No company wants to see its crown jewels exposed to the elements, yet this is what happened to the Amazon-owned online streaming platform Twitch on October 6 when 125GB of its data was posted on 4Chan.
Twitch, via a Tweet, acknowledged the breach, “We can confirm a breach has taken place. Our teams are working with urgency to understand the extent of this. We will update the community as soon as additional information is available. Thank you for bearing with us.”
In an October 6 blog post, the company blamed “an error in a Twitch server configuration change that was subsequently accessed by a malicious third party.” Thus, Twitch pointed the finger for the posting of the 125GB of sensitive internal information to an external third party and not toward a malevolent insider.
What exactly went out the door and onto 4Chan? According to Video Games Chronicle, which first reported on the breach, the following data sets were exposed:
- The entirety of Twitch’s source code with commit history “going back to its early beginnings”
- Creator payout reports from 2019
- Mobile, desktop, and console Twitch clients
- Proprietary SDKs and internal AWS services used by Twitch
- “Every other property that Twitch owns” including IGDB and CurseForge
- An unreleased Steam competitor, codenamed Vapor, from Amazon Game Studios
- Twitch internal red-teaming tools
The service forced an update of all users’ stream keys on October 7. Since then, it’s been radio silence on the Twitch blog front.
The importance of least-privilege access
The misconfiguration of a server, leaving a direct pathway to the unprotected crown jewels of Twitch, raises questions surrounding the basic concepts of least-privilege access.
Cymulate’s cyber evangelist David Klein observes how it is not a good idea for CISOs to “have everything, including source code, accounting records to streamers, encrypted passwords, and unreleased projects to compete with Valve/Steam accessible. This is bad. Basic least privileges for administrators, internal segmentation, and understanding where your data is and who has access are of paramount importance.”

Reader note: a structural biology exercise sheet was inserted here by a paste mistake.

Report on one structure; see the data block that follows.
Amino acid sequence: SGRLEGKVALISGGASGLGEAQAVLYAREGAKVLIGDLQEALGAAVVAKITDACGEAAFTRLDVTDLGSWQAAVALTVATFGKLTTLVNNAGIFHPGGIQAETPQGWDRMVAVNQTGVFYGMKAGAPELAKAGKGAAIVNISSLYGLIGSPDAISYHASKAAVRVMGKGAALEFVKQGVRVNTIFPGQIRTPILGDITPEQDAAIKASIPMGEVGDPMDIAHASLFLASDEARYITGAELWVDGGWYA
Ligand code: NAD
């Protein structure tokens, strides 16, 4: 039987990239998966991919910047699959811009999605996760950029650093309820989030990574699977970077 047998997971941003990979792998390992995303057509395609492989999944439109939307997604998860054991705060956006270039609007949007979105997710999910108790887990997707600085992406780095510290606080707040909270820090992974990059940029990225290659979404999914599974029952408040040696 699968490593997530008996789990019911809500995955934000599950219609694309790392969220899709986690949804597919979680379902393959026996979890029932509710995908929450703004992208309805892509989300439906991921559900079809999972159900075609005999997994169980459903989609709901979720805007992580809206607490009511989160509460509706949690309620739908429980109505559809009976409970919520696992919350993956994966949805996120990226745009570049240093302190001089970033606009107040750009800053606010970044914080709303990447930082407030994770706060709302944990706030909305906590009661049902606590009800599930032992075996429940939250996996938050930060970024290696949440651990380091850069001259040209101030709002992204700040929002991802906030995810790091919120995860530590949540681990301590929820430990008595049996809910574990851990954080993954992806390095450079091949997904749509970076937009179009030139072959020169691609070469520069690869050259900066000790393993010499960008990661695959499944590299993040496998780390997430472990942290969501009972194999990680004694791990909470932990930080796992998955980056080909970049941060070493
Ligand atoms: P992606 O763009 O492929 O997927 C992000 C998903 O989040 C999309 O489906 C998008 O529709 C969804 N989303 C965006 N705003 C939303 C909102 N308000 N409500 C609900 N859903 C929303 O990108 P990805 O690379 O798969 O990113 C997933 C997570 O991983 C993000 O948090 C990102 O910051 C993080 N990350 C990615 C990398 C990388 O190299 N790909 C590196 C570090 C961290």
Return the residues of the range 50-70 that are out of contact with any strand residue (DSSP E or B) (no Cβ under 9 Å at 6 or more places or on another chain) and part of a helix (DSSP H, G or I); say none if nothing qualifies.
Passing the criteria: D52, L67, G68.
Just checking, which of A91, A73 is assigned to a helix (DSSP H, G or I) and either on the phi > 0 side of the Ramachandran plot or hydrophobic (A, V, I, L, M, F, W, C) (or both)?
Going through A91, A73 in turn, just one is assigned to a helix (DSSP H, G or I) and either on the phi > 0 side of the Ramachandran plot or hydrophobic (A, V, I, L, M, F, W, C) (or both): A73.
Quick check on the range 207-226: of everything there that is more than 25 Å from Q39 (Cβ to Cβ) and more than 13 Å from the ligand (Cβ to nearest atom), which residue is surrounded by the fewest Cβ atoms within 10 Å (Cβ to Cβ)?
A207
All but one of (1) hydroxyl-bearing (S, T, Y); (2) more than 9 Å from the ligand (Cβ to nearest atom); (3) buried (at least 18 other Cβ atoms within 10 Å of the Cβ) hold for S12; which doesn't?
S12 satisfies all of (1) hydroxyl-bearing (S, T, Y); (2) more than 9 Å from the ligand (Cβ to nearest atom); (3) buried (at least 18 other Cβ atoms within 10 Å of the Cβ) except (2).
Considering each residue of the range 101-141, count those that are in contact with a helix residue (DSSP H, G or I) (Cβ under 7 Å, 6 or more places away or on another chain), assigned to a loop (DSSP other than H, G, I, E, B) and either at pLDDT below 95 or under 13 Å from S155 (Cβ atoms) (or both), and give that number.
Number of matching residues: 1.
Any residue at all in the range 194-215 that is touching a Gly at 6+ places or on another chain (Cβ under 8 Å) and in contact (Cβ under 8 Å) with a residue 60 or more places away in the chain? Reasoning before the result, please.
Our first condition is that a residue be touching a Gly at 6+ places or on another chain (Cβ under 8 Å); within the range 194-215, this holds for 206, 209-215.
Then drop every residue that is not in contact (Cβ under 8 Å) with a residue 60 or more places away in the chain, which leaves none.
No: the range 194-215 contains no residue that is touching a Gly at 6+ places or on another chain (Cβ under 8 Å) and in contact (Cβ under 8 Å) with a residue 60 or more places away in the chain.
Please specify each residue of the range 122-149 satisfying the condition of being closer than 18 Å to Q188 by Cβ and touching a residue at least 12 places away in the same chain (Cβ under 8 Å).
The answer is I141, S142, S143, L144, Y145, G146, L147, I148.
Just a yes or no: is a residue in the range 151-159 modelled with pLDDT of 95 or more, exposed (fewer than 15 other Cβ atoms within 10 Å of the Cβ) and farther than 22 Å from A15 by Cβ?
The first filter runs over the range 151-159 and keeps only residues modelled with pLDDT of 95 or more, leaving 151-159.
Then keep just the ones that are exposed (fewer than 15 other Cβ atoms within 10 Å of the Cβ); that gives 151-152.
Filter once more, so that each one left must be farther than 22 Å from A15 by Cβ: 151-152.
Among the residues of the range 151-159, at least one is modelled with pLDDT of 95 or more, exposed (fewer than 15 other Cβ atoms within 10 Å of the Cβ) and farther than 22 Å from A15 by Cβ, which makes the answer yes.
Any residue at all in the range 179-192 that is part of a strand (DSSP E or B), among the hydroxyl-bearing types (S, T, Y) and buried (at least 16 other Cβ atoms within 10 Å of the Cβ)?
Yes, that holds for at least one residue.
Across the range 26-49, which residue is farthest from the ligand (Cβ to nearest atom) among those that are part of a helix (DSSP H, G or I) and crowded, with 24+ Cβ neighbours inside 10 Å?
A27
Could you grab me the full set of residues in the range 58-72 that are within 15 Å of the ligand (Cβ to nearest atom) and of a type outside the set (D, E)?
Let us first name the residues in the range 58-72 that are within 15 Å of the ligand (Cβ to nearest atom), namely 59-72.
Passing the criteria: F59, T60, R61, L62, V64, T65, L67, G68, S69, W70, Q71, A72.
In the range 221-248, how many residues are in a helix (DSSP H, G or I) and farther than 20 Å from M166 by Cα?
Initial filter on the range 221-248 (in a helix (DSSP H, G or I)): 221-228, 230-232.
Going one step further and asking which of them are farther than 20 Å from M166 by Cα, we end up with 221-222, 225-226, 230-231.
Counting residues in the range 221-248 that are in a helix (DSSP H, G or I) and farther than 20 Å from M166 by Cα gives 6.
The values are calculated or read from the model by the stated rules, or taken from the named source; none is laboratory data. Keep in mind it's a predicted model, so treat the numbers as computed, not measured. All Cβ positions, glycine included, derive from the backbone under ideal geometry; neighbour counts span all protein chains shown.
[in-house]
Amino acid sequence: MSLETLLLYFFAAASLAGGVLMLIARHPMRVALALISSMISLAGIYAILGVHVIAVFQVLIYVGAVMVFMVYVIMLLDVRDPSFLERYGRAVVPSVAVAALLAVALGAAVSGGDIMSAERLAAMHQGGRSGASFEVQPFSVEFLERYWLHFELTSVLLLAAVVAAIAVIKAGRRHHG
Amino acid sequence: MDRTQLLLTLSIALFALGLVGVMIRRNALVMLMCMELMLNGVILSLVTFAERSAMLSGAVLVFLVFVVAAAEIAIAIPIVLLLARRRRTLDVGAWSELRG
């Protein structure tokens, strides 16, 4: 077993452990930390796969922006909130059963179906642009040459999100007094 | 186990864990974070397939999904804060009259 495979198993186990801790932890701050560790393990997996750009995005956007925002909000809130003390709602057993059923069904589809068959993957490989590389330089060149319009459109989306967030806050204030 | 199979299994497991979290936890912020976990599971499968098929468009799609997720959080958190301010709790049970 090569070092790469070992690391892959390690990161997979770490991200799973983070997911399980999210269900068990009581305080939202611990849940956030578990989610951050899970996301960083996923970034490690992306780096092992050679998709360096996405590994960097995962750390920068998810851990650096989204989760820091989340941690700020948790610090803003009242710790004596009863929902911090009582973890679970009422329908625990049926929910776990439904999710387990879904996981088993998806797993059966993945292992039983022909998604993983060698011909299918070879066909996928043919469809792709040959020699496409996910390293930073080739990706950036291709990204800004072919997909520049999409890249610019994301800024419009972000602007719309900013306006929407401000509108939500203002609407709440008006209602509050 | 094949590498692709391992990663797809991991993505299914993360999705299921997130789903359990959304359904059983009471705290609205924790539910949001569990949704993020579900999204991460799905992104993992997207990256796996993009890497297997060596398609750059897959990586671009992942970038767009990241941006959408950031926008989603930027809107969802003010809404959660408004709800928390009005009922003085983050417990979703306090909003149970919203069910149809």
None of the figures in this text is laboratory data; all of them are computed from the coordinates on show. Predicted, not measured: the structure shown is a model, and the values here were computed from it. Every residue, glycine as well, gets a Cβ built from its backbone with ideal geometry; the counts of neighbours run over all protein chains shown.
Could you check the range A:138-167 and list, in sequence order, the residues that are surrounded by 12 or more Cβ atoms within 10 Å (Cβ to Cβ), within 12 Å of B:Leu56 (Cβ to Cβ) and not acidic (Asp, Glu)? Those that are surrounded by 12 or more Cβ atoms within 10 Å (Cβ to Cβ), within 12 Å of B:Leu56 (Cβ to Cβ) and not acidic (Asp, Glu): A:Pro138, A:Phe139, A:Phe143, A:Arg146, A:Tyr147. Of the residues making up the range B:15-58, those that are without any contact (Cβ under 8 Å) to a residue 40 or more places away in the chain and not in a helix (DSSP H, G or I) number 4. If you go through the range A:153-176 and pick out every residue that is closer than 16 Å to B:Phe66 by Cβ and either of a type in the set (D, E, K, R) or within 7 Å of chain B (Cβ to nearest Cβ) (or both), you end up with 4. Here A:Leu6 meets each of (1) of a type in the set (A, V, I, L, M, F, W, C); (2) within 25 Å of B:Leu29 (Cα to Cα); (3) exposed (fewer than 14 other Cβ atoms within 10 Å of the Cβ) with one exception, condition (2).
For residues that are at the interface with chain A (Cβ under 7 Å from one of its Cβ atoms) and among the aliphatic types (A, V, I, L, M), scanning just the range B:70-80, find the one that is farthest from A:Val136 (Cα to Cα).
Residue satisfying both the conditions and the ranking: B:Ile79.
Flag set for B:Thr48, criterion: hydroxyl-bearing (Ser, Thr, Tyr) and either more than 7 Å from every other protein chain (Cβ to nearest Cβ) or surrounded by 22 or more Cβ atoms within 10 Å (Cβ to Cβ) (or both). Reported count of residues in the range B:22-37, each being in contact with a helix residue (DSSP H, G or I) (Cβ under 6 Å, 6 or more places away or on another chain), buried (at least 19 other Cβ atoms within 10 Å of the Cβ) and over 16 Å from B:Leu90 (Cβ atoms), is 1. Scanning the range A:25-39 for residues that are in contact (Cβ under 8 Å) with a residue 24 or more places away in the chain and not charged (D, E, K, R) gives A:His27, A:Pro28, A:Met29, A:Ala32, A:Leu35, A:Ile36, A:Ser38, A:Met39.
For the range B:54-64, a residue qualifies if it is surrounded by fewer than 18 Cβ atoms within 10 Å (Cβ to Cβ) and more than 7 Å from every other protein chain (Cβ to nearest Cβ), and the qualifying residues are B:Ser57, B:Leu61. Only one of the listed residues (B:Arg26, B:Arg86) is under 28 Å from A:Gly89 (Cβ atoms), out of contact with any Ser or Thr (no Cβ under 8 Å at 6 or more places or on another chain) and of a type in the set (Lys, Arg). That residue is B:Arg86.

From the distant lens that we share from the outside looking in, questions CISOs should be asking themselves include:
- Are the crown jewels that I am tasked to protect adequately protected?
- Does Klein’s observation on ease of access trumping security apply?
- Are our datasets encrypted, with the keys provided to those with demonstrated access and only when that access is necessary?
“Your currency (data) has a value in the market so protection against theft and misuse begins at the point of creation (currency) and travels with the currency,” notes CEO of Active Cypher Michael Quinn.
“Companies risk the brand, clients and trust when the currency is devalued. A good example: Full disk encryption does not protect you when your data is done ‘resting’ and is on the move again. We need to understand that data (currency) has many states in its lifecycle that require encryption (at rest, in transit, in storage, in use or being created).”
Quinn concludes with advice for CISOs, “the architecture of end-to-end encryption is a moving target, the endpoint is the data not a location, device, or service.
"Can you go beyond the encryption of your currency/data and eliminate the risks of allowing your currency to travel even as cypher bits? The process exists and when applied ensures that the currency/data lifecycle is both secure and under the ownership, stewardship, and management of a “secure data supply chain.”
The streaming service is now faced with the knowledge that any pending vulnerabilities in their source code that were on the proverbial to-do list are at risk of detection by any interested miscreant with an eye toward attacking the streaming service downstream and must be mitigated, posthaste.
Twitch’s misconfigured server speaks to the risk presented by the devices and machines in each company’s ecosystem. The breadth of data exposed crosses many professional disciplines, software engineering, UX, production, accounting, and customer care, which suggests a modicum of knowledge of Twitch and its internal processes, procedures, and data segmentation rules.
How the “malicious third party” (external or insider) who compromised Twitch was able to traverse the ecosystem of the service has not yet been made public. It is something, should it be made available, CISOs will be well served to take on board and assimilate the lessons into their instance. Klein says what many CISOs may be thinking, “If this isn’t an insider, then the situation is worse.”